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Kitten Care

Congratulations on your new kitten! We can’t wait to meet the newest addition to your family.

Please bring your new kitten to Auburn Animal Clinic as soon as possible after you bring him/her home. Your investment in good basic care may reward you with the companionship and affection of a healthy cat for fifteen years or more. The oldest cat Dr. Holm has cared for was 26 years old.

Your kitten will need to be vaccinated against serious diseases at around age two months, three months and four months. We strongly recommend annual visits so that your kitten's health and vaccination schedule can be maintained throughout his or her life. Vaccines prevent serious diseases and are important to your cat’s continued good health.

We also recommend all non-breeding cats be spayed or neutered. We will discuss the health benefits of spay/neuter surgery with you during your kitten’s first appointment with us.

On your first visit, please bring with you:

  • Your kitten in a pet carrier or on a leash
  • Any health records, vaccination records or other paperwork given to you when you received your kitten.
  • Fecal (poop) sample preferably less than 24 hours old

The initial exam will include:

  • Complete physical exam.
  • Discussion with you of the appropriate vaccination schedule for your kitten’s anticipated lifestyle.
  • Necessary vaccines or vaccine boosters.
  • Flea/tick control. We will discuss the best options for your new kitten.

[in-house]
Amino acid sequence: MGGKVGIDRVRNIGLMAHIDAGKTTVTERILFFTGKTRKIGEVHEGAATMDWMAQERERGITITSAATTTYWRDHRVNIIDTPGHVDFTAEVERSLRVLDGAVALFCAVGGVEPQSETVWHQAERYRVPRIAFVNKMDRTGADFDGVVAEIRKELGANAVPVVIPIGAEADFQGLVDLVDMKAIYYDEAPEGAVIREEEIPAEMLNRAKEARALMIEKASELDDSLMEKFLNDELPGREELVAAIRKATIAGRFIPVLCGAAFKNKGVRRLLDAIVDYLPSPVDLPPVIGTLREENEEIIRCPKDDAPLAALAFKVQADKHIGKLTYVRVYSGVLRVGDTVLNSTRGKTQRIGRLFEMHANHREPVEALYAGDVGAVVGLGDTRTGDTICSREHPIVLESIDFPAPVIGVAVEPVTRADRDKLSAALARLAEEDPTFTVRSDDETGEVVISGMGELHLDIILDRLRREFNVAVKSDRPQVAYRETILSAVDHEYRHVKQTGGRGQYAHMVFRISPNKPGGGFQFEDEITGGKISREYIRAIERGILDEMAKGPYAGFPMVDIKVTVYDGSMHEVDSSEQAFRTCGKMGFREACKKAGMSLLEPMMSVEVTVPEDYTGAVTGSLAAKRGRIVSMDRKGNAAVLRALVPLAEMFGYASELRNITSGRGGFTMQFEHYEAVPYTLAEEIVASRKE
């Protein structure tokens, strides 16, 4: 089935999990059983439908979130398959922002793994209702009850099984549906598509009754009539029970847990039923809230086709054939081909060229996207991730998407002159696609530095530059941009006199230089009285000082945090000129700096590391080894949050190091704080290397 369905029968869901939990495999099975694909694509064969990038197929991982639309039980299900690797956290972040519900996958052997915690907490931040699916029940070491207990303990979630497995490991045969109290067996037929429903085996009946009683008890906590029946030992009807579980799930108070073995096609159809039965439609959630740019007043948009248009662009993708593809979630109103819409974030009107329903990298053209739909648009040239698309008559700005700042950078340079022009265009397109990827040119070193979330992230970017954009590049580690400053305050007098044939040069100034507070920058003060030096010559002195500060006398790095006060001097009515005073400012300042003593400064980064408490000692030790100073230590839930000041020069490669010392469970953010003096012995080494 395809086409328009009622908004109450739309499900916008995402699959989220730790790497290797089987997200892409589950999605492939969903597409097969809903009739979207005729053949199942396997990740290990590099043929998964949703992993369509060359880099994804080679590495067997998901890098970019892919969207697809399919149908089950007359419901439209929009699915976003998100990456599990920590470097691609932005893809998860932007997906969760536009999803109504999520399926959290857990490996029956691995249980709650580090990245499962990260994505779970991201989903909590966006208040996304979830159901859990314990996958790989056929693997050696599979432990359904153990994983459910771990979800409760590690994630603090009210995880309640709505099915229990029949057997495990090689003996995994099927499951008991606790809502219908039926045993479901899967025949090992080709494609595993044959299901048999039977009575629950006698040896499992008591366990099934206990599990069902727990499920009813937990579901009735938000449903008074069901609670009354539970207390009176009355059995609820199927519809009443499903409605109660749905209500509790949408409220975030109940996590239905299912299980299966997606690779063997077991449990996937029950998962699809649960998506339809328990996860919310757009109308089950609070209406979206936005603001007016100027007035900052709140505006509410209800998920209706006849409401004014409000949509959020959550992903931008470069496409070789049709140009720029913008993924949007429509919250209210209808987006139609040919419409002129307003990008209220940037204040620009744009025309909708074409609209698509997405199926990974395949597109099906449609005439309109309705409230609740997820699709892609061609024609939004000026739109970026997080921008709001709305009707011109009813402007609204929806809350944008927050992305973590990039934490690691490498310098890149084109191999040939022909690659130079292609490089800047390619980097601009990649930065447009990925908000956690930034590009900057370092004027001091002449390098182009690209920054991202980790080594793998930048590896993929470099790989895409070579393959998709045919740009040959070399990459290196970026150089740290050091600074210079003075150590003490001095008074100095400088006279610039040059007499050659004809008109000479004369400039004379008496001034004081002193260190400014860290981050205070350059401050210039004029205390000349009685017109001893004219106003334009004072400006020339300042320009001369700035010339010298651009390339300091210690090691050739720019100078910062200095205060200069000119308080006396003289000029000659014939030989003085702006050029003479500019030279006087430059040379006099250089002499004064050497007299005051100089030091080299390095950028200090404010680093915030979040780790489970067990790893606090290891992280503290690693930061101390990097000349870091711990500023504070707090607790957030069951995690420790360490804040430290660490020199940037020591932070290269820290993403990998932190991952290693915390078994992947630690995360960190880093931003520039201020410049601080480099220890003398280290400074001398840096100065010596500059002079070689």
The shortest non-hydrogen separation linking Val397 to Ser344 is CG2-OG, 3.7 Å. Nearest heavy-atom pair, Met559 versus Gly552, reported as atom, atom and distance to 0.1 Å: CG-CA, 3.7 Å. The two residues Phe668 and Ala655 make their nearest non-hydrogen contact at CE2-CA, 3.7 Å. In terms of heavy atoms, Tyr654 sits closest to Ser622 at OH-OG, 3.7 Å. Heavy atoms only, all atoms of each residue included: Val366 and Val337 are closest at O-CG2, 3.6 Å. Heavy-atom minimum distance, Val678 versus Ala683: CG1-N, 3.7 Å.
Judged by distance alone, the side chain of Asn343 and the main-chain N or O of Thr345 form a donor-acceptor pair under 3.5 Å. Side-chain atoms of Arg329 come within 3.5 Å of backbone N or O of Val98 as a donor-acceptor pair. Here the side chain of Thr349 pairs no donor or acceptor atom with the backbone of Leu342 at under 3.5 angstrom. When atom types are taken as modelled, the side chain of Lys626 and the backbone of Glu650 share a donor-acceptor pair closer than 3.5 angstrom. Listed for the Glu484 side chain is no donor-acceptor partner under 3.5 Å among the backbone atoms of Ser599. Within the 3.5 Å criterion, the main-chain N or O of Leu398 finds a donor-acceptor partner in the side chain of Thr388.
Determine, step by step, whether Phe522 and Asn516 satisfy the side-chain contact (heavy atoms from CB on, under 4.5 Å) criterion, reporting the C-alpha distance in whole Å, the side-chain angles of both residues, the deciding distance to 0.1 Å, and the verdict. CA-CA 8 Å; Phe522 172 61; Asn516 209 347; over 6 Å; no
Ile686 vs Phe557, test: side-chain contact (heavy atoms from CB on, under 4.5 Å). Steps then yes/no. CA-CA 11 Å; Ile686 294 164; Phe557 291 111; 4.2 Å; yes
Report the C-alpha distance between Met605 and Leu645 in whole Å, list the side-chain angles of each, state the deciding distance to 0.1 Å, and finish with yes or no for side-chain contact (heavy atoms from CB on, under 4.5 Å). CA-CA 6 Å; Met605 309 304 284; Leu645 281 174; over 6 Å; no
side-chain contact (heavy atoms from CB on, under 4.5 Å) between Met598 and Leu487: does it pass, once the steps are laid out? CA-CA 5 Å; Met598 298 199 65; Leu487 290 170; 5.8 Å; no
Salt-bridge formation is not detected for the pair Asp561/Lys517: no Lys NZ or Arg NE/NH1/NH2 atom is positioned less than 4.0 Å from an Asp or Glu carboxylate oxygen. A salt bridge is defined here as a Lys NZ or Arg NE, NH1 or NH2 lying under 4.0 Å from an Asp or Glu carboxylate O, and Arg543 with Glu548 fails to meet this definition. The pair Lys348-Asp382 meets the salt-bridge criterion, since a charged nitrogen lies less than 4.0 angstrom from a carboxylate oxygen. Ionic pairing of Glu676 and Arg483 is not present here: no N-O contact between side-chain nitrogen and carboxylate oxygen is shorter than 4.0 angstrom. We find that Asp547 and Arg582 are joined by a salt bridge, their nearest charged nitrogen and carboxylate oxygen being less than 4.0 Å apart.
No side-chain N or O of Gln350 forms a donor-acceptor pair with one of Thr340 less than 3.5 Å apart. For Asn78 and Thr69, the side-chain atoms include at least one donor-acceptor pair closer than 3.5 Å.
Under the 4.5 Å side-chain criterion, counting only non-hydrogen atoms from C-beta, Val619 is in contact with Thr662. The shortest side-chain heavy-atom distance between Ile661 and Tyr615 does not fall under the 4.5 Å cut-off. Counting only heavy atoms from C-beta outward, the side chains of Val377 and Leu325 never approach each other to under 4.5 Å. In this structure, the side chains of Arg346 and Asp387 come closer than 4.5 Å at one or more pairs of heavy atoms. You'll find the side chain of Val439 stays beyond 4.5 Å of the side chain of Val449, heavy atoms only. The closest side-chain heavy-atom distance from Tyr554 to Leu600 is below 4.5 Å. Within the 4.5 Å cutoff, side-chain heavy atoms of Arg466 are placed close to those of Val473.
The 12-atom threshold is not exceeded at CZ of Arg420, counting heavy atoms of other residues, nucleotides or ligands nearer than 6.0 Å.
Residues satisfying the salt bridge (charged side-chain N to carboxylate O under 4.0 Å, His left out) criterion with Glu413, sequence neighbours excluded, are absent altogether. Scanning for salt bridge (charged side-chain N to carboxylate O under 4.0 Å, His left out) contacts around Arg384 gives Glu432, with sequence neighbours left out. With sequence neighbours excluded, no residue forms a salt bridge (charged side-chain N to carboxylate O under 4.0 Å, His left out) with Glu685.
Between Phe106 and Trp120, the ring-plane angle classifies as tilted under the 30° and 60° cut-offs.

• Fecal examination for intestinal parasites and deworming as recommended by the CDC.
  • Testing for Feline Leukemia Virus (FeLV) and Feline Immunodeficiency Virus (PIV) if recommended for you and your kitten’s health.

The following are signs that your kitten needs immediate care:

  • Signs that the kitten has swallowed something poisonous or irritating such as mouth irritation, drooling, vomiting, seizures, or fever
  • Bleeding you can’t stop
  • Difficulty breathing
  • Unconsciousness or lethargy
  • Staggering or seizures
  • Blood in urine or feces
  • Pooping more than twice in an hour or straining in the litter box with no results
  • Difficulty urinating or straining to urinate. We need to be especially concerned with a male cat that strains and is unable to produce urine. This can be a life threatening blockage.
  • Repeat vomiting in a short time or diarrhea with vomiting
  • Signs of pain, such as swelling or inability to move his/her body normally